The price firms are paying for not complying with regulations.
The costs and consequences of non-compliance within financial services firms are greater than ever before. While the cost for firms endeavoring to be compliant has been growing with the rapid rate of regulatory change, it is the myriad costs of failing to be compliant which are now taking center stage.
Regulators have visibly lost patience, and in a world where supersize fines no longer either shock or deter, they have moved on to using a wider range of measures to ensure compliant behaviors. The wider impact of the actions now being taken can result in the firm or the individual suffering multiples of the cost and pain of the penalty itself – the ramifications of which will be felt by all stakeholders.
Financial implications can be much larger and have broader impact than the monetary fines levied. They can include the end of a business line, ending the ability to sell specific products or ultimately the end of the business itself. Regulatory action can have a negative impact on a firm’s share price and damage its relationship with investors. In addition:
- Senior managers are in the regulatory firing line. They are increasingly held to account for their own behavior, with the potential for clawbacks on bonuses and a career-ending criminal conviction. And of course, while they’re dealing with this, they are distracted by spending time on remedial actions rather than focusing on the business itself.
- There are expensive and disruptive operational consequences from non-compliance including retaining high-cost, high-quality compliance resources, implementing past business reviews and customer redress programs.
- There is increased regulatory scrutiny, complexity and regulatory change, as well as customer distrust as a result of widespread compliance failures.
In 2008, in a pre-financial crisis world, Thomson Reuters first assessed the costs and implications of non-compliance. This is quite distinct from the resources and investment needed to become compliant (we have separately benchmarked that annually across the global financial services industry).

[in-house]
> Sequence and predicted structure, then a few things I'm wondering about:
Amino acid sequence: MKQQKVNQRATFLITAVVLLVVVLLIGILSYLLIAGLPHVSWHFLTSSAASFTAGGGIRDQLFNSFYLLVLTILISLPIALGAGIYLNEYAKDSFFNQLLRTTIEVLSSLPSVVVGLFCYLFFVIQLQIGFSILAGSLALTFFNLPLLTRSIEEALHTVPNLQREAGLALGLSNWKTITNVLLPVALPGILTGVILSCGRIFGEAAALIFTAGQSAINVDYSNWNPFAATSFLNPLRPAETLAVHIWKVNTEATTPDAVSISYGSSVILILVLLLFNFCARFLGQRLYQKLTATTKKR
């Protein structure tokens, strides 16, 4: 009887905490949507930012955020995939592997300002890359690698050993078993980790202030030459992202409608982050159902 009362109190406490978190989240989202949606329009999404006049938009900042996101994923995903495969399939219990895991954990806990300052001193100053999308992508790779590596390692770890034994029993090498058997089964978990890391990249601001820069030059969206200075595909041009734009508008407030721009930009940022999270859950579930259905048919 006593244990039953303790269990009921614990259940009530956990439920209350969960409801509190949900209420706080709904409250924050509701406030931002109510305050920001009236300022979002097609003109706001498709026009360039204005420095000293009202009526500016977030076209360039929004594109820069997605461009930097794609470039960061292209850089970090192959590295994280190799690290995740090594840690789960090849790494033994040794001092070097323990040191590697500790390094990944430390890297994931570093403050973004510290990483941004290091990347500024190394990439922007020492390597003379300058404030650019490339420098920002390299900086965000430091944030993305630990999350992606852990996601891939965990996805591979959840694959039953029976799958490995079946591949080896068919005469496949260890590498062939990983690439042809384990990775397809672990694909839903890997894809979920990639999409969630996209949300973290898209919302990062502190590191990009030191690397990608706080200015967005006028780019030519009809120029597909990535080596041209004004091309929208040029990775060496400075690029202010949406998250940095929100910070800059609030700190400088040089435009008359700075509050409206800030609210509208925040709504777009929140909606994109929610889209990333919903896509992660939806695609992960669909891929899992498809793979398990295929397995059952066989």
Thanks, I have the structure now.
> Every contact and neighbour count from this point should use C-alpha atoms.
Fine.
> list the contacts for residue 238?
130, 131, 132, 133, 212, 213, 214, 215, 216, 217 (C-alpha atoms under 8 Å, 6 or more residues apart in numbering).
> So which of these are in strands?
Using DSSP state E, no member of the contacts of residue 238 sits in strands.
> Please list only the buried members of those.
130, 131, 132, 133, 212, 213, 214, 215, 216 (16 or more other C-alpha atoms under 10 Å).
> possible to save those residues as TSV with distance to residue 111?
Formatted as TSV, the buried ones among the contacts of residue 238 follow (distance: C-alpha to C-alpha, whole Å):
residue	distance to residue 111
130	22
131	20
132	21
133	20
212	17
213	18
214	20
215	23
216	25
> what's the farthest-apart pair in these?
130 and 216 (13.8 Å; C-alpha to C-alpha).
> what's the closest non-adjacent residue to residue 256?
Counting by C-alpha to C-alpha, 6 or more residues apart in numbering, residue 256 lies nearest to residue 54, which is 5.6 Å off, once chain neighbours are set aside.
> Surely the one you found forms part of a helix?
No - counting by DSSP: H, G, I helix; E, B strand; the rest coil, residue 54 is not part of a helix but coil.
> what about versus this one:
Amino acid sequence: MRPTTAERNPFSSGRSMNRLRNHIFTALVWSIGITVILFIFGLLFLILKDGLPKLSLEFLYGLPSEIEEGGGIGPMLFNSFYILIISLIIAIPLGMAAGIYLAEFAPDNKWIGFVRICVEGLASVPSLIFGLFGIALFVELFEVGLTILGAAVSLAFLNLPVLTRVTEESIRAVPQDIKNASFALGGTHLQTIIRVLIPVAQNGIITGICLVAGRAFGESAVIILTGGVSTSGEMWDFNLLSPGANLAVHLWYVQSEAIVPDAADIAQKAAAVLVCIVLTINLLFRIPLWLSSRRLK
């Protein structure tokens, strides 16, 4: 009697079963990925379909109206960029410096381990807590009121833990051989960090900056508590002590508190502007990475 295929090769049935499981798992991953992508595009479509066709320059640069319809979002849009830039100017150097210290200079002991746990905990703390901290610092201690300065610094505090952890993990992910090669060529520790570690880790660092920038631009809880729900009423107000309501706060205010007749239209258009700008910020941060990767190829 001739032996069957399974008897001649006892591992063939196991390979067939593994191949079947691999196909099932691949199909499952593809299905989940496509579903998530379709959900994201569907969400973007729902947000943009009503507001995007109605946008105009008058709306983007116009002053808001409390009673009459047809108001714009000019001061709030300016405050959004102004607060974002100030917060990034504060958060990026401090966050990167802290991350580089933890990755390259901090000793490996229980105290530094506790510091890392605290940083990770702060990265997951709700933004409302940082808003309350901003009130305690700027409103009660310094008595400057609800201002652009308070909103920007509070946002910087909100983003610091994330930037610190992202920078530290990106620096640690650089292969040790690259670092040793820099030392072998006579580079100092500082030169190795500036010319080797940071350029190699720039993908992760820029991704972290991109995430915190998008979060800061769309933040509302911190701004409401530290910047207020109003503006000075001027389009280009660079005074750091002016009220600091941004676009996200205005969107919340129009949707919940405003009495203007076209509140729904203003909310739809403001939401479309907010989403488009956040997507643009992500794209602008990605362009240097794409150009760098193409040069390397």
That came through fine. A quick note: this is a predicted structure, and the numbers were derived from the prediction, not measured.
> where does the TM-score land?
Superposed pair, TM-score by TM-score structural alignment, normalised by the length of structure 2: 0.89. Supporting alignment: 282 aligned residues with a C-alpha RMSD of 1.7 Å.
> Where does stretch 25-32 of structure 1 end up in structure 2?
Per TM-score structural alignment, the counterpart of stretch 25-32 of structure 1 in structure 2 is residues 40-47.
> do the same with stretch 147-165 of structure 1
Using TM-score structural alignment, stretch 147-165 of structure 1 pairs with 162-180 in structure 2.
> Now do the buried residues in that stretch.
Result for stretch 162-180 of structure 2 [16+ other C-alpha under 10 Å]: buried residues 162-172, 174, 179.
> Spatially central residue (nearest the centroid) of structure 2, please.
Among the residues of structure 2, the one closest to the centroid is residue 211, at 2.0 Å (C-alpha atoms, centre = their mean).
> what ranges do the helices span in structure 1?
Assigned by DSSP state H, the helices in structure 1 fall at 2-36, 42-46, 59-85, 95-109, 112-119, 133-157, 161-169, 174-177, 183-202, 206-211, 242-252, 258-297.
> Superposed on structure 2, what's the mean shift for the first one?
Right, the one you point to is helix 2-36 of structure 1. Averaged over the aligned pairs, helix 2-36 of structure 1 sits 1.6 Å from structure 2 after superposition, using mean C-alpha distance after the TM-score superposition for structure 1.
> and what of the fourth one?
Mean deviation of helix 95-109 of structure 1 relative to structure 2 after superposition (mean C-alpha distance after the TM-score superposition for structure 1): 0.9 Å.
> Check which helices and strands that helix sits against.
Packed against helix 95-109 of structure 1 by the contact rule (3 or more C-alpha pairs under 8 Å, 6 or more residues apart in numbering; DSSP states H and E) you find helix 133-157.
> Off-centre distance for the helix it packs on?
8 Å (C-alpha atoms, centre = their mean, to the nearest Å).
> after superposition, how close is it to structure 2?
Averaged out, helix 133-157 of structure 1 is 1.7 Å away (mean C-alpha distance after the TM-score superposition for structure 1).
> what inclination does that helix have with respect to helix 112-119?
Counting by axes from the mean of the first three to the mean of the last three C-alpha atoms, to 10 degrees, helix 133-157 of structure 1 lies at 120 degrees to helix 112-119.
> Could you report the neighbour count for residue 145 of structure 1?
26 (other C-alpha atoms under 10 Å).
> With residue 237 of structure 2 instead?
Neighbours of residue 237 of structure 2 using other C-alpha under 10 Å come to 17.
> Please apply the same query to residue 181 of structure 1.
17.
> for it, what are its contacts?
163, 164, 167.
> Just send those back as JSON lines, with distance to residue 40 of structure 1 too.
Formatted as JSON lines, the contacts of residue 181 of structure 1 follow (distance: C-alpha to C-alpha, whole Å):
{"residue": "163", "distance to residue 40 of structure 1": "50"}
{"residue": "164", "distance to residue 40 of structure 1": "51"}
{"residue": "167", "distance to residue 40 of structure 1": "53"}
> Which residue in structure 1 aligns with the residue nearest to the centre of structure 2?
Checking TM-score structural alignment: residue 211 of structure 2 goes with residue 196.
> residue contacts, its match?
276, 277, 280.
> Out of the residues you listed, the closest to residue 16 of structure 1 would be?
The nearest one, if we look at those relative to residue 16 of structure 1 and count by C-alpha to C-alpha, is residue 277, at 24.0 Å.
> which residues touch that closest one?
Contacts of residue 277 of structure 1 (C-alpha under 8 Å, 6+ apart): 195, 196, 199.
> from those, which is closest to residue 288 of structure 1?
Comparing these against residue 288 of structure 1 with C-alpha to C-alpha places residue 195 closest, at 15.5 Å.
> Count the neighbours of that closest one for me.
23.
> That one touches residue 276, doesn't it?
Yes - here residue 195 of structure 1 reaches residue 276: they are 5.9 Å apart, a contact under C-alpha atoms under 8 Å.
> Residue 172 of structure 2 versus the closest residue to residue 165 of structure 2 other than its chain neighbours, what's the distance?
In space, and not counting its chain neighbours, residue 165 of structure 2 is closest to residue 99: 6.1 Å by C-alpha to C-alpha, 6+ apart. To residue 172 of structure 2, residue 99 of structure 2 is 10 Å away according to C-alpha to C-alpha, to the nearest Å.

The world of financial services has changed almost beyond all recognition since our first review of this area. at the time, the first tremors of the financial crisis had already been seen in the Uk with the fall of northern Rock, and the cataclysm which was to follow with the collapse of (among others) Bear Stearns, hBOS, Lehman Brothers and Royal Bank of Scotland was still not even imaginable.
Before the financial crisis, regulators around the world were by and large content to punish regulatory breaches by imposing fines on the firm concerned. In a postcrisis world, regulators have had to take a different approach. When increasing fines dramatically didn’t seem to change underlying behaviors, a new style of regulator was needed – with new powers and a more holistic approach to discourage bad behavior by both firms and individuals. While not discarding the use of monetary penalties, regulators have changed their approach, deliberately and significantly.
“On a firm-specific level, we have taken a range of early intervention actions. The outcomes of these can range from consumer contact; reviewing certain lines of business; taking sales staff off the road and retraining; withdrawing financial promotions all the way up to changes to boards and governance arrangements. Historically this was not an area where enforcement was typically involved. That has been very different this year … ” (Speech on Sustainability by Tracey McDermott, director of enforcement and financial crime at the UK Financial conduct authority, at the Thomson Reuters customer Summit, June 2014).
Our first review took place at a time when financial services firms were faced with unprecedented economic uncertainty. Despite the fact that regulators worldwide were warning of the dangers of cost cutting within control functions, in practice compliance practitioners were both experiencing and expecting significant budget constraints. Many of the compliance failures and weaknesses that are now being punished are a direct result of that cost cutting. Many firms gave the perception that they had sufficiently robust compliance frameworks and expert resources in place to effectively manage their business operations. however, the financial crisis revealed major weaknesses in policies, procedures and cultures of big financial institutions that caused significant losses to investors and taxpayers alike. To some extent, many major firms are still dealing with this fallout.
Why review the costs of non-compliance again?
There is a gathering momentum and consensus to show that the fines imposed, despite being huge, are now perceived as nothing more than a cost of doing business and neither a deterrent for the firm or the marketplace. Patience for firms to clean up their own act has been lost. Regulators, who are under pressure themselves, are seeking more creative measures to drive good behavior and are deliberately driving up the cost and consequences of non- compliance. Individuals are being targeted, business activities are being curtailed, share prices are impacted and the once occasional compensation and remedial action programs are now the norm.